RESULTS

Demographic, clinical, and laboratory characteristics of the study participants.

To investigate the role of variability in the SCGF promoter (i.e., −539C/T) in conditioning susceptibility to SMA, children (age, <3 to 36 months; n = 486) presenting at hospital with acute P. falciparum malaria were stratified into two groups on the basis of nonsevere malarial anemia (non-SMA, 6.0 g/dl ≤ Hb < 11.0 with parasitemia of any density; n = 302) and severe malarial anemia (SMA, Hb < 6.0 g/dl with parasitemia of any density; n = 184) (29). The demographic, clinical, and laboratory characteristics of the study participants are presented in Table Table1.1. There were no significant differences in gender distribution between the groups (P = 0.302). Age (months) differed between the groups, with the members of the non-SMA group being significantly older than those in the SMA group (P = 0.001). Axillary temperature (°C) was comparable between the groups (P = 0.307). As expected, based on the stratification according to anemia status, Hb concentrations (g/dl) and red blood cell (RBC) counts (×1012/liter) significantly differed between the groups (P = 0.001 and P = 0.001, respectively). The reticulocyte production index (RPI) was significantly different between the groups (P = 0.007). Furthermore, white blood cell (WBC) counts (103/μl) were significantly higher in the SMA group than in the non-SMA group (P = 0.001), despite the fact that the numbers of individuals with bacteremia were comparable between the non-SMA (69/302 [22.8%]) and SMA (51/184 [27.7%]) (P = 0.105) groups. Peripheral parasitemia density (/μl) and prevalence of high-density parasitemia (HDP, ≥10,000 parasites/μl) were lower in children with SMA (P = 0.081 and P = 0.054, respectively).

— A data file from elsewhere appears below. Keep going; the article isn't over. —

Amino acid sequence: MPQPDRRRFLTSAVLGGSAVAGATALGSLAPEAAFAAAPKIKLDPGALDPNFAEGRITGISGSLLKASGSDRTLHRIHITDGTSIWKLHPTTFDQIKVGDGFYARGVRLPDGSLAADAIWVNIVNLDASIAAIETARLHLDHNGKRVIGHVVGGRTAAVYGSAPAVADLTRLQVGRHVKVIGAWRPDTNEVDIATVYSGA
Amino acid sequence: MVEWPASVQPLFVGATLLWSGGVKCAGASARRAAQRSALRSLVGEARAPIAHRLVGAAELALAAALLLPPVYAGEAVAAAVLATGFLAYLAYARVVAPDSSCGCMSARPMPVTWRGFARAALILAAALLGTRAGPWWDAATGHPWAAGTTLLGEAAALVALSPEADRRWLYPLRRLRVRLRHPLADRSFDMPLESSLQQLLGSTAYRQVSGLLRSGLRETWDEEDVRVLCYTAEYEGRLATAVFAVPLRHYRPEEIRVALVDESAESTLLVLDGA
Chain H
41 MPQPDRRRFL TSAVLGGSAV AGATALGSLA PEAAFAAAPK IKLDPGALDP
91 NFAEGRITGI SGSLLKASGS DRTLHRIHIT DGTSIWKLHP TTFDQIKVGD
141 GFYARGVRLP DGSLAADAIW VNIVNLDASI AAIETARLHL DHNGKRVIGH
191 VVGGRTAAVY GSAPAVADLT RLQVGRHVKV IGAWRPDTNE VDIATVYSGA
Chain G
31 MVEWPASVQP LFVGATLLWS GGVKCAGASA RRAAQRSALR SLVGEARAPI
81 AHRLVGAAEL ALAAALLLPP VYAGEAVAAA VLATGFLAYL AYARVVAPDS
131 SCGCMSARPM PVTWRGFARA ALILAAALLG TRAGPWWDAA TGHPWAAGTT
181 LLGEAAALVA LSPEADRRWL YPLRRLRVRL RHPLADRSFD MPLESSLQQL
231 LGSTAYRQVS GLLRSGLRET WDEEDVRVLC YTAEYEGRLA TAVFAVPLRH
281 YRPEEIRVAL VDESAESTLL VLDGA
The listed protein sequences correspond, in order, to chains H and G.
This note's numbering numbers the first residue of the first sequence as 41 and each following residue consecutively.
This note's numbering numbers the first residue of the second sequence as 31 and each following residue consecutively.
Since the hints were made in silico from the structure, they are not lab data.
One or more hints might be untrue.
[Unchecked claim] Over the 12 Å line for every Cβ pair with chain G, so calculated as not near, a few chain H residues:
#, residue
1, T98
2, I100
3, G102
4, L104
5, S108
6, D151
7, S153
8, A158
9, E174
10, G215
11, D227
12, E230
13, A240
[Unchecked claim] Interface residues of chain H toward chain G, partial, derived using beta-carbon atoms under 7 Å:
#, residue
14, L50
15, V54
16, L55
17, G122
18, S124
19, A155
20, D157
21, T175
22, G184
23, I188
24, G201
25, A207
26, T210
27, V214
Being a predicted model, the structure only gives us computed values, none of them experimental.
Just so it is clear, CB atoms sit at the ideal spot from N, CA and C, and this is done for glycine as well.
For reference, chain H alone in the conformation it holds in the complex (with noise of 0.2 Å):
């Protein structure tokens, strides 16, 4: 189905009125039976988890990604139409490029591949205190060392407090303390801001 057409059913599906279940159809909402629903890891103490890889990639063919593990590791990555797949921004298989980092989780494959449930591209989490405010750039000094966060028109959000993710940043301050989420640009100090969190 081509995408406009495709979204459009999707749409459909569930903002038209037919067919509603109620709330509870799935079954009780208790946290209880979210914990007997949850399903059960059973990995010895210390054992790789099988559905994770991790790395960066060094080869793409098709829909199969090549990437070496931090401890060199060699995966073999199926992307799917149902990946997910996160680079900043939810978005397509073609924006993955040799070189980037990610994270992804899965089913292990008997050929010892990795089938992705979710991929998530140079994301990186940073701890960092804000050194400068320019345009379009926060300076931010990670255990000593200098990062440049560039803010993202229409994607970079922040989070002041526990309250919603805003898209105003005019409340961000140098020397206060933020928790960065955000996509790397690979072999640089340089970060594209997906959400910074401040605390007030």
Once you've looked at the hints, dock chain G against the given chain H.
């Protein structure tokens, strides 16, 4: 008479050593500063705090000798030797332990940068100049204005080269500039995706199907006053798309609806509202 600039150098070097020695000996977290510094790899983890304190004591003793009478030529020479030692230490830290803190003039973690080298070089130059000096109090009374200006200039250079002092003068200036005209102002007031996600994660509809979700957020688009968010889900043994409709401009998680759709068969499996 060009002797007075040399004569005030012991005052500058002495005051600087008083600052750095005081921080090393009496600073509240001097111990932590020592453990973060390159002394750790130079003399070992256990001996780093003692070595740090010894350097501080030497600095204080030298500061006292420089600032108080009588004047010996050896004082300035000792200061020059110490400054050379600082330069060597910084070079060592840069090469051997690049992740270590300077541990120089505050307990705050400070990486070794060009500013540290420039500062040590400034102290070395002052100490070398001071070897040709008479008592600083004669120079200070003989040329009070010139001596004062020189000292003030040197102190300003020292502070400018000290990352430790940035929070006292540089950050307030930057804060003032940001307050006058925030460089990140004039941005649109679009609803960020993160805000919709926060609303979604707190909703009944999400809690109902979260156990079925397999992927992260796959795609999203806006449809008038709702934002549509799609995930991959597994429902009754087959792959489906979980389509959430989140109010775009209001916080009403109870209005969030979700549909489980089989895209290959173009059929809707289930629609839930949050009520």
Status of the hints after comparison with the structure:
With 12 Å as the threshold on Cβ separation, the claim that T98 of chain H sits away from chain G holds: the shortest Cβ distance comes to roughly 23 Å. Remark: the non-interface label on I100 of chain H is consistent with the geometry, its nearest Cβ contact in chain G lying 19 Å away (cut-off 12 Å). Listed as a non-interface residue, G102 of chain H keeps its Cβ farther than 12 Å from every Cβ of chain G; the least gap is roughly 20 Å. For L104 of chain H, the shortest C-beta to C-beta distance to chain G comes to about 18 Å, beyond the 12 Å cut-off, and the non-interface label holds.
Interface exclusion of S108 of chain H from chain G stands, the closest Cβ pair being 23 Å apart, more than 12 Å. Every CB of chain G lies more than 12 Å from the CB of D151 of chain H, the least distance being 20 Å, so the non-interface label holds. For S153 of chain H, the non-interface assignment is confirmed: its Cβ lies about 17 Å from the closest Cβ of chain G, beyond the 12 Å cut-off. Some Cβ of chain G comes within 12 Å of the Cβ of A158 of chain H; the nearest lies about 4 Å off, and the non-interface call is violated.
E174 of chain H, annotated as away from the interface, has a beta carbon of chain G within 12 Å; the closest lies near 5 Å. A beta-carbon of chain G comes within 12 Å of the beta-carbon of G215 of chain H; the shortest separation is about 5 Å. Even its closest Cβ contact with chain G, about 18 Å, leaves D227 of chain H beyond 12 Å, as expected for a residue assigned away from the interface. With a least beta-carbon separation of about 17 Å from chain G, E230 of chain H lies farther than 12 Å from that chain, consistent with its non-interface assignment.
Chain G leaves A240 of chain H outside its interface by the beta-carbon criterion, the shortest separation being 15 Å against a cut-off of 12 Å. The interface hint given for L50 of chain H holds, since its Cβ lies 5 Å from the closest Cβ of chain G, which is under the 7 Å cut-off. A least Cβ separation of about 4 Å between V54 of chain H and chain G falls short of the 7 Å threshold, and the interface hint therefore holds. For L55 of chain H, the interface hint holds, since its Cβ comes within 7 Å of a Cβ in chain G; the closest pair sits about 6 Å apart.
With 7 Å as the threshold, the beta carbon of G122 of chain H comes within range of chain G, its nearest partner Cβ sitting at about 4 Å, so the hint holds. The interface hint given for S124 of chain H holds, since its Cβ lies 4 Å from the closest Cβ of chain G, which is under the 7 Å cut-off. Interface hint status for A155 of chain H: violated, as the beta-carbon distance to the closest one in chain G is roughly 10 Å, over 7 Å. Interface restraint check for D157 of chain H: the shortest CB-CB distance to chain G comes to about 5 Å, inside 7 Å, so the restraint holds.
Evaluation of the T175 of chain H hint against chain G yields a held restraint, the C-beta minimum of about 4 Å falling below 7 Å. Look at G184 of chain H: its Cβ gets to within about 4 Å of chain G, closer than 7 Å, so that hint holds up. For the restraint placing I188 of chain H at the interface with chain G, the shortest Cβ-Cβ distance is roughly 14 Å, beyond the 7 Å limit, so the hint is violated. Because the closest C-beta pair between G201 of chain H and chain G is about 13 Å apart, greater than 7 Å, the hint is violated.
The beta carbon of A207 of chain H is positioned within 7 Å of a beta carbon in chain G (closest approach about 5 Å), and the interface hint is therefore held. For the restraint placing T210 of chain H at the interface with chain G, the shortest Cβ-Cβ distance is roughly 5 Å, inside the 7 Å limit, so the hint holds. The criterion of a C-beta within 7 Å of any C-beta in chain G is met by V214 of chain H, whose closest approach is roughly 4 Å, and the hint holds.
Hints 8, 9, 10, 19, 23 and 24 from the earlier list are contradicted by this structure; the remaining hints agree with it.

TABLE 1.
Demographic, clinical, and laboratory characteristics of the study participantsa

Relationship between SCGF and anemia.

Before the influence of polymorphic variability in SCGF on malarial anemia was investigated, the relationship between circulating SCGF and Hb levels was determined. As shown in Fig. Fig.1A,1A, the levels of circulating SCGF were positively correlated with Hb concentrations (r = 0.446, P = 0.001). To further determine whether altered levels of SCGF were associated with anemia severity, the levels of circulating SCGF were compared between parasitemic children with and without SMA. Consistent with the positive relationship between SCGF and Hb levels, children with SMA had significantly lower SCGF concentrations (median [interquartile range {IQR}], 47.00 [43.24 to 57.48]) than those in the non-SMA group (63.00 [56.31 to 63.86]; P = 0.005) (Fig. (Fig.1B),1B), demonstrating that reduced circulating SCGF levels are associated with more profound anemia.